It's never easy admitting you may not be the smartest person alive, particularly when you've convinced yourself of this for the last several years. This is the situation I have found myself in recently as I suffered the ultimate in humiliations. In bragging about my fantastic efforts on the Big League crossword to my older brother (only two words short), he quickly fired across the room not only a copy of that weeks Big League with a completed (and correct) crossword, but also the previous two issues in an identical complete state.
To say I was devastated would be to say that the Roosters are merely 'poor' or the Raiders simply 'inexperienced', that is, it doesn't nearly reflect how deeply this moved me. I was so disillusioned I had to leave work for the day and figure out where it all went wrong over some quiet beers and a plate of nachos. Unfortunately for me, the nearest pub was 10 miles away and I had hitched a ride with my infinitely smarter brother to work, so I had to be content with some soggy takeaway chips, a milkshake and a copy of Zoo magazine. At least that would prepare me for any future 'last name of runway model dating Braith Anasta' questions in future crosswords, which may give me the edge over my damn brother, providing Anasta hasn't moved on once again on his endless carousel of hot babes he is dating, no doubt for his stunning good looks and charming personality.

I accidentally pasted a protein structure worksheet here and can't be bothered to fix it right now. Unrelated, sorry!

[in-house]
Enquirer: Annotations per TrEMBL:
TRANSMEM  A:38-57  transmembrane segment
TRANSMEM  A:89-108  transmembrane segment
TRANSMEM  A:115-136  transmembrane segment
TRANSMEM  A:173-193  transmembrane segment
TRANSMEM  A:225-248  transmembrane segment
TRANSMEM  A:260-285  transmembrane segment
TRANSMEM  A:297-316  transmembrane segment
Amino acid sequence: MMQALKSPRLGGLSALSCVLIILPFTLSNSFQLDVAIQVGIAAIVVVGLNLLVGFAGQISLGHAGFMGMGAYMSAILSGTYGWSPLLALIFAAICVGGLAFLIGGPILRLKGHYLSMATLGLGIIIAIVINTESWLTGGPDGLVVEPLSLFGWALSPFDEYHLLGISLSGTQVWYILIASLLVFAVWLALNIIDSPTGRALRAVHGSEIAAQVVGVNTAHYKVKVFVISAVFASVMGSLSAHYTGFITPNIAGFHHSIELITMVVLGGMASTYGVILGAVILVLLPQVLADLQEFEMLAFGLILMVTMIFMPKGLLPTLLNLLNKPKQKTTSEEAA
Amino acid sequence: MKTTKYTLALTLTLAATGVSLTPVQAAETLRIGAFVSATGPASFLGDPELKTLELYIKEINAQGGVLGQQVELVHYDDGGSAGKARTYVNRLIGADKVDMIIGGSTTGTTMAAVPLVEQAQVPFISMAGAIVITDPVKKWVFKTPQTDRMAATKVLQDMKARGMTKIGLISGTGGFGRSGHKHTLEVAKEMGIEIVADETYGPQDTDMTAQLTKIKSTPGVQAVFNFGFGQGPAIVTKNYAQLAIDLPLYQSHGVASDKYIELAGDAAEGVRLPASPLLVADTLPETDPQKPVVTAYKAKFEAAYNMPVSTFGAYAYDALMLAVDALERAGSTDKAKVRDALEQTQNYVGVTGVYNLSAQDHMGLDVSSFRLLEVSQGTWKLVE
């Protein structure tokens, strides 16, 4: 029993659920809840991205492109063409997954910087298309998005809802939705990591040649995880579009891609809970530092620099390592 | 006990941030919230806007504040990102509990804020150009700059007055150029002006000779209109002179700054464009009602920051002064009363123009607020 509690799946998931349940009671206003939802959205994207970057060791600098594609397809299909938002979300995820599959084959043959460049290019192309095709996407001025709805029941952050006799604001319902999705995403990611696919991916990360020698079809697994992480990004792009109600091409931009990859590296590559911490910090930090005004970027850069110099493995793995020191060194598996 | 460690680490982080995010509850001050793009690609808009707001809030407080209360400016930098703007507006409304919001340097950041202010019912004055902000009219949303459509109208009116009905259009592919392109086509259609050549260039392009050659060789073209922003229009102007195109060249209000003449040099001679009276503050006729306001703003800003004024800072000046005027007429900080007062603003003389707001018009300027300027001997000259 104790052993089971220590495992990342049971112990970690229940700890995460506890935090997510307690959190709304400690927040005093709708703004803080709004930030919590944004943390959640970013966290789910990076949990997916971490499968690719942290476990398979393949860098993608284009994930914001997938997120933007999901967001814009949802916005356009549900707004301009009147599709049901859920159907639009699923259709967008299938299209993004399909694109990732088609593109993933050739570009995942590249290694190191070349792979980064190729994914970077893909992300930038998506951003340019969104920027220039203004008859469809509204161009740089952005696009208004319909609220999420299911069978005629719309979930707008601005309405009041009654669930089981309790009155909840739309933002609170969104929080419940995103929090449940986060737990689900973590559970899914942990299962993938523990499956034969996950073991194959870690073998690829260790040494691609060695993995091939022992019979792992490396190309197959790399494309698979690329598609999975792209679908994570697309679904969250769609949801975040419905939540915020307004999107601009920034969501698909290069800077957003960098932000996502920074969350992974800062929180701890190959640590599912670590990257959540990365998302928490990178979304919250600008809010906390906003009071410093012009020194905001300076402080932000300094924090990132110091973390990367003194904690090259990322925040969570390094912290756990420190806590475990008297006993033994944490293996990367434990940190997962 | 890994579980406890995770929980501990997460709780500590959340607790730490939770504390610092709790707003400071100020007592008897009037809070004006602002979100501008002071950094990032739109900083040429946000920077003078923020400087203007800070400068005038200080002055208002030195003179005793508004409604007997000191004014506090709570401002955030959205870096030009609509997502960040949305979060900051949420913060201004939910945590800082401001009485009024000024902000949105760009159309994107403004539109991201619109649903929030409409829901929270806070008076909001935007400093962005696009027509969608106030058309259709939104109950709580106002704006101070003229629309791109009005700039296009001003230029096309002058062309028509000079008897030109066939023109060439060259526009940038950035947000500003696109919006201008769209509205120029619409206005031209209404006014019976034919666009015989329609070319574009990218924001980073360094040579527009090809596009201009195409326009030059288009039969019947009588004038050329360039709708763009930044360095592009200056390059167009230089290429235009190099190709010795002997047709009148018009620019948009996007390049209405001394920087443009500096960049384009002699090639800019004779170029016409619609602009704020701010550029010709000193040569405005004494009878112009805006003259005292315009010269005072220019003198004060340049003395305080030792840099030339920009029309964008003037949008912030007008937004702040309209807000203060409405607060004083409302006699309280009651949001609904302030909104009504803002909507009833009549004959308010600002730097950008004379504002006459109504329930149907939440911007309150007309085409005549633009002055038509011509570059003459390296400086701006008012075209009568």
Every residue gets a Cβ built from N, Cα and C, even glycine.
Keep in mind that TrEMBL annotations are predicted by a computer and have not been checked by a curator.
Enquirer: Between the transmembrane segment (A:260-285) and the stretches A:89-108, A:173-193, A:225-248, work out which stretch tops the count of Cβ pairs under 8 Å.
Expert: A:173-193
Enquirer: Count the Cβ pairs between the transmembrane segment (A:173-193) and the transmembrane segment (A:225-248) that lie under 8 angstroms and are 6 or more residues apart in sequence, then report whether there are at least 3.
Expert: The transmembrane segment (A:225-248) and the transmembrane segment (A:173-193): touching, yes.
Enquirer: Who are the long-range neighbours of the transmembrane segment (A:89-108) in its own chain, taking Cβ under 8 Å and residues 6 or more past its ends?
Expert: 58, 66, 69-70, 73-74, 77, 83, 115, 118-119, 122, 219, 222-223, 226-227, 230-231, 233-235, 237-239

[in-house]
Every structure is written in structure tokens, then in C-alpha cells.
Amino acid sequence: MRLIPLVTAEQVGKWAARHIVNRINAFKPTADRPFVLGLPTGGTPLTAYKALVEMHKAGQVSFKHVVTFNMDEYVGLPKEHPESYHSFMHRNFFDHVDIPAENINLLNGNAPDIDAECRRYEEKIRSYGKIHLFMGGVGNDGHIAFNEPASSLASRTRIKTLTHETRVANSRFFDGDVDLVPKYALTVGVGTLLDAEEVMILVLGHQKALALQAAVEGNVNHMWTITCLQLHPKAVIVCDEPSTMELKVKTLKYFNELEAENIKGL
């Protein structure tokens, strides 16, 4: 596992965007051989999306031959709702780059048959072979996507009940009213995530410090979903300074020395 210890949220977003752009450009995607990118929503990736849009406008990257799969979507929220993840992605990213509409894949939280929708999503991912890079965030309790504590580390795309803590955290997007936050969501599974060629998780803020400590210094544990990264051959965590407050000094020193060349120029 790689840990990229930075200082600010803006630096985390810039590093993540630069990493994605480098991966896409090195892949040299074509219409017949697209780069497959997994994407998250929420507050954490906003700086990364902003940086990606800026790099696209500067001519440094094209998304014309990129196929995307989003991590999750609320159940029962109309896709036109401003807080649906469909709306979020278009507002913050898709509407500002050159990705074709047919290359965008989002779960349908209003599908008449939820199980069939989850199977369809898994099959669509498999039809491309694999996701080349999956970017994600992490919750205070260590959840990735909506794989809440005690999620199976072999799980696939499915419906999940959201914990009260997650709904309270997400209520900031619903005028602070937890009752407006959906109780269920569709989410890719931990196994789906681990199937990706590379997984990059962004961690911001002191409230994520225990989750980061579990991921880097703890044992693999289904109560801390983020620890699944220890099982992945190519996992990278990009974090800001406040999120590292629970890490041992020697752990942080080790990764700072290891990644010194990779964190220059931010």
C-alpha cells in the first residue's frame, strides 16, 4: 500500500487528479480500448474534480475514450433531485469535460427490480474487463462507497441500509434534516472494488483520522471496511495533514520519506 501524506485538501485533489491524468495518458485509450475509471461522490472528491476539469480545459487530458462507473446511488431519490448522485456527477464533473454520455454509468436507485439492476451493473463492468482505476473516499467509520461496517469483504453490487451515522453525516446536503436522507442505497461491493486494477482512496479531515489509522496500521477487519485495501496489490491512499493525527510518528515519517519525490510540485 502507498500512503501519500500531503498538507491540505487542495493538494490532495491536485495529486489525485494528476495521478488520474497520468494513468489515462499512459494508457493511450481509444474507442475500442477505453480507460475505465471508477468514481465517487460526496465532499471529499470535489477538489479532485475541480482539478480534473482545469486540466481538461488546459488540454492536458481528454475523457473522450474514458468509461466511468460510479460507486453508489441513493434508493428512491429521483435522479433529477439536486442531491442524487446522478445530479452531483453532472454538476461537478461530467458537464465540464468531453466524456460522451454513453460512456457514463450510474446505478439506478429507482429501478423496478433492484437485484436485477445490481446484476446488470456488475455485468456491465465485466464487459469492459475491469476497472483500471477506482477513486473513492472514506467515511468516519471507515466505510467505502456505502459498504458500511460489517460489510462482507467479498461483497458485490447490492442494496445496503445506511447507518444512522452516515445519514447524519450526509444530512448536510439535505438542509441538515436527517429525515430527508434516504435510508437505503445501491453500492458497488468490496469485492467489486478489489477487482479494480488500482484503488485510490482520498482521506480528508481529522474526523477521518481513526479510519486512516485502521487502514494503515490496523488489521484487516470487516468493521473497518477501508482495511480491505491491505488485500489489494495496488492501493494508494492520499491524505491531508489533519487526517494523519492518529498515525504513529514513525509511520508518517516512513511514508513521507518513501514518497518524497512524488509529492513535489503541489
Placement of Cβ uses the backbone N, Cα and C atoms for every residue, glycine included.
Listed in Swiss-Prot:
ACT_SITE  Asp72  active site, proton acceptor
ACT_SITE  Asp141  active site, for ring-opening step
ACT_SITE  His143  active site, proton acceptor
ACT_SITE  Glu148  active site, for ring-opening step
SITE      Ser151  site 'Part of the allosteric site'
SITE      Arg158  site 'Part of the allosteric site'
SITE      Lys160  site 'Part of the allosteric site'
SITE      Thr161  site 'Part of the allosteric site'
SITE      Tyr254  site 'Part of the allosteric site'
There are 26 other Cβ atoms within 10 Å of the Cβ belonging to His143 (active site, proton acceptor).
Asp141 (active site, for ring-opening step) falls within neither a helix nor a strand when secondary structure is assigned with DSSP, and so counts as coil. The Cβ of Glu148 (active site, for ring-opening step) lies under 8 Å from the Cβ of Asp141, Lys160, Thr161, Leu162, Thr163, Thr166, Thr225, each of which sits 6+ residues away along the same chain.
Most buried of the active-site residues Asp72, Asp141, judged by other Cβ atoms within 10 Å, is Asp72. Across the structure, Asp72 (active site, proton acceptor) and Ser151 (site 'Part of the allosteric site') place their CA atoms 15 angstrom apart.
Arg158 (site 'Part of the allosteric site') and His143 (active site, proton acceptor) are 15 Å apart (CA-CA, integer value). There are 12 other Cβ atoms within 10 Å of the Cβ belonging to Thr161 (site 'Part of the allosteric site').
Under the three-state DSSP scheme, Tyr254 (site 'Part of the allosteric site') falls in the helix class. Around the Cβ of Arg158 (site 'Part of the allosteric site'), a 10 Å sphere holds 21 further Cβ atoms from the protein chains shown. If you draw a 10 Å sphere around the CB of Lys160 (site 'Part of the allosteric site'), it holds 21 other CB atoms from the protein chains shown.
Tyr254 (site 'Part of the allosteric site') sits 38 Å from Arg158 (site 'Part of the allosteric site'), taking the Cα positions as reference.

After a week of pure agony as I contemplated what other sports I could take an interest in that have a weekly magazine with crossword, I gained some semblance of respect back Sunday morning as the family genius tossed me an as good as completed Sportsword, mockingly asking for me to 'have a go' at the last few questions he had missed. To stick it to him, I managed to let him know that the former Brisbane baseball side was known as the Bandits, while I claimed an obscure golfers first name was Roger, thanks to the R_G_R clue that had been left. My brother claimed that unless I could answer the question with my own knowledge rather than these shenanigans, it didn't count, and a healthy debate ensued where I told him to 'stick it up his sunshine' and 'go and improve himself' (profanity replaced in both sentences to protect innocent eyes) to which he responded by tackling me over the couch before delivering a merciless beating with the now rolled up Sunday newspaper. As he did this I think I noticed he spelt Civoniceva with an